Ten years ago Terri Schiavo, a severely disabled woman living in Florida, was starved to death—US courts upheld her husband’s decision that, in effect, Terri wouldn’t want to live this way, and so her life supports were removed. Many empathized with the court’s decision, stating that Terri was not mentally capable of expressing her wishes. As I sat in my wheelchair outside the hospice facility where Terri was dying, I knew it was a watershed moment that would jeopardize the lives of all Americans with disabilities.
The first time Dan Pollock and I bumped wheelchairs, I was taken aback by the severity of his paralysis and his thin, frail body. Dan was born with a significant neuromuscular disease, and some people have said that he’d be better off dead than disabled. But Dan is full of life. It troubles me when people say he’s suffering needlessly or that he is imprisoned in his body. Such phrases allege to be compassionate but reveal a fundamental fear that actually means, “I would hate to live like that.”
Abortion is a growing concern worldwide. Much of the debate centers on whether an unborn child can and should be concerned a person with inherent value as a person. CBHD's Executive Director, Paige Cunningham, recently spoke with G.L.O.B.A.L. Justice regarding the key aspects of the debate, the basis for varying perspectives, and the impact of abortion both in the U.S. and globally.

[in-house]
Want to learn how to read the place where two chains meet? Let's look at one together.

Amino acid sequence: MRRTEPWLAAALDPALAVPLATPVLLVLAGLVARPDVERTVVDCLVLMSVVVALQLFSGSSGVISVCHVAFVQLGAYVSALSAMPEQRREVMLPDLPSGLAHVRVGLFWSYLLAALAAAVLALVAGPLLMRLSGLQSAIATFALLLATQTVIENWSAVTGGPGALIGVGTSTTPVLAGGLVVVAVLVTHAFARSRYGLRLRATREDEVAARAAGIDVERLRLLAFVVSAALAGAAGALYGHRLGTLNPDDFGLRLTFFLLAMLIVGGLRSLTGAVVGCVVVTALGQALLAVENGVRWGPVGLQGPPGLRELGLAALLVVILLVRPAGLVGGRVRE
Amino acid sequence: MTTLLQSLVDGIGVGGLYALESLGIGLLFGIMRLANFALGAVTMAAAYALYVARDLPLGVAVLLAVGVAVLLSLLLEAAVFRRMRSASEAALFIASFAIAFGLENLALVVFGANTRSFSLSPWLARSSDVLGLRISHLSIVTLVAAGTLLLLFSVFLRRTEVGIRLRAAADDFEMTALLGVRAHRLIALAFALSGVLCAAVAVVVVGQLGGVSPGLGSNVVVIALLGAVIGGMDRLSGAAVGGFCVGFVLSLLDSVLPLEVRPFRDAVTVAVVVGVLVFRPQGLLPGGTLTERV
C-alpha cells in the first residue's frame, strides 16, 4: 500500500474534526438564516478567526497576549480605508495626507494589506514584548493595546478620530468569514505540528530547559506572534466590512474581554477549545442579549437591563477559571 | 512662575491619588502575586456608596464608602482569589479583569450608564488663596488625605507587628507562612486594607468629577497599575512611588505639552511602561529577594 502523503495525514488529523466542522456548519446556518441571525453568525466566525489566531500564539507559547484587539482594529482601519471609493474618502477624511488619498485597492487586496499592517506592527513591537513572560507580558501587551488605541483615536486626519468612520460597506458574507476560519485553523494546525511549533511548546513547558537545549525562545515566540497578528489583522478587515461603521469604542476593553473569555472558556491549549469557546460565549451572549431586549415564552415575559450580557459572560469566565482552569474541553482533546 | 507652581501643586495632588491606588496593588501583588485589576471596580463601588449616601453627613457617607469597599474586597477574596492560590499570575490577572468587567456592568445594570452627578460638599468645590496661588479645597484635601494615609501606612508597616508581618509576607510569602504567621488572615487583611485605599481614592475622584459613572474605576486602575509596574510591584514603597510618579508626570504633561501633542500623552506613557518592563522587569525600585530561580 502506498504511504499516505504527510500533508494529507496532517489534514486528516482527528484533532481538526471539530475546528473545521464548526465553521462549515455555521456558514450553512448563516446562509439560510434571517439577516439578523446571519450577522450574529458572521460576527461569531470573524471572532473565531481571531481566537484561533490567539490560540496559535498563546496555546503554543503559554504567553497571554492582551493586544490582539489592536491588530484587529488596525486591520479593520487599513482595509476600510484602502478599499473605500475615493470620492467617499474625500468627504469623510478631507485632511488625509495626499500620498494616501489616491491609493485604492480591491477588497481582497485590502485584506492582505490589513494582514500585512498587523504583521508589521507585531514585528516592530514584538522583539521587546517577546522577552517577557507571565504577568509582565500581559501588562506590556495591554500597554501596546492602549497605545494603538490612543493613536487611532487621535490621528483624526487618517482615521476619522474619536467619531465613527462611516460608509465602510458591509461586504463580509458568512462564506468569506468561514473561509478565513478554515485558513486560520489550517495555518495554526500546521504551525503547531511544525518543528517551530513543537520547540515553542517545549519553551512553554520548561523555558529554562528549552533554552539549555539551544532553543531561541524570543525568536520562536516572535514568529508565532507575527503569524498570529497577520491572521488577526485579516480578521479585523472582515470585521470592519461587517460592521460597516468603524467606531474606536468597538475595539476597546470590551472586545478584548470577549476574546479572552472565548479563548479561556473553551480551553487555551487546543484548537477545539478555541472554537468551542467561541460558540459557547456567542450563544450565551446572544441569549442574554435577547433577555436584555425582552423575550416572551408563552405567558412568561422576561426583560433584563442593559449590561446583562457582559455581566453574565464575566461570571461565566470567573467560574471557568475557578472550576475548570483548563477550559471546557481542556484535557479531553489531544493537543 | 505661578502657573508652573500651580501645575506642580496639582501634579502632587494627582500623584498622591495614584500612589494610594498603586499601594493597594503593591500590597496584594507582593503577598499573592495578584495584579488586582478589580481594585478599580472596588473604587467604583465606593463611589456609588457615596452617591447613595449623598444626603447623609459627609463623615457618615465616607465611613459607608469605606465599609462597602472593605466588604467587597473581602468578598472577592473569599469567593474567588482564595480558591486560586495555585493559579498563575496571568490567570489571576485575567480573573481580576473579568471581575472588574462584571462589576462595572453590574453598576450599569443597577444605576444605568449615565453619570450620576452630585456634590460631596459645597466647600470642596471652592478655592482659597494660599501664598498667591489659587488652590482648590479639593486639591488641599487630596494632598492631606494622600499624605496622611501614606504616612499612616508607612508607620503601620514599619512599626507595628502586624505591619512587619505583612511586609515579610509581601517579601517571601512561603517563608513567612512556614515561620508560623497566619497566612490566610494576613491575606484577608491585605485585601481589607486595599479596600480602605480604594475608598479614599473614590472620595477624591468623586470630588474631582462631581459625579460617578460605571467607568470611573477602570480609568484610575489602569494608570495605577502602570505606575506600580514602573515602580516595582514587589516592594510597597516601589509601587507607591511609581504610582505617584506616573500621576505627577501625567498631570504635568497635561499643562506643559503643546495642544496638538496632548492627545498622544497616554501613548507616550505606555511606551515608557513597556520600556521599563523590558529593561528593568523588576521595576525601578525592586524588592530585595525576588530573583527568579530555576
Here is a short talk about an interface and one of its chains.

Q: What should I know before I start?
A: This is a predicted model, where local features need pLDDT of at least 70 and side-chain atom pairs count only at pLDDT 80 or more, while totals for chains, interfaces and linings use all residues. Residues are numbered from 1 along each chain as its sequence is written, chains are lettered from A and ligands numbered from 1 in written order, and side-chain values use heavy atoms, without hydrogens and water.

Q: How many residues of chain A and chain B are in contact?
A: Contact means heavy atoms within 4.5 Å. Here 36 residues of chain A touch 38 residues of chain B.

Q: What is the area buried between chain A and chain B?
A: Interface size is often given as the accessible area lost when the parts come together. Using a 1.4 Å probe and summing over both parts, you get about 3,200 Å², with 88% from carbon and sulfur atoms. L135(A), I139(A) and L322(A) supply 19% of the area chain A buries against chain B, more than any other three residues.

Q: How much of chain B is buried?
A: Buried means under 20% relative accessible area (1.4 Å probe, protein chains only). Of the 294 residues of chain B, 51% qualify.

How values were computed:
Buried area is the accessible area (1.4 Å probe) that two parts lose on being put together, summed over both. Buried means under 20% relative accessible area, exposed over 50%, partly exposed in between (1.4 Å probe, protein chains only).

In a previous essay, “Death and the Church,” I wrote that the local congregation needs to address the end of life and its attendant issues. Given our secular culture’s confusing responses to suffering and death—death is either the ultimate human foe to be conquered at any cost, or is preferable to a “diminished quality of life”—many believers are co-opting a worldview that runs contrary to historic Christianity. While we are most appreciative of the fine and informative work of ministries such as The Center for Bioethics & Human Dignity, the “think tank” cannot replace the local parish as the center of Christian education.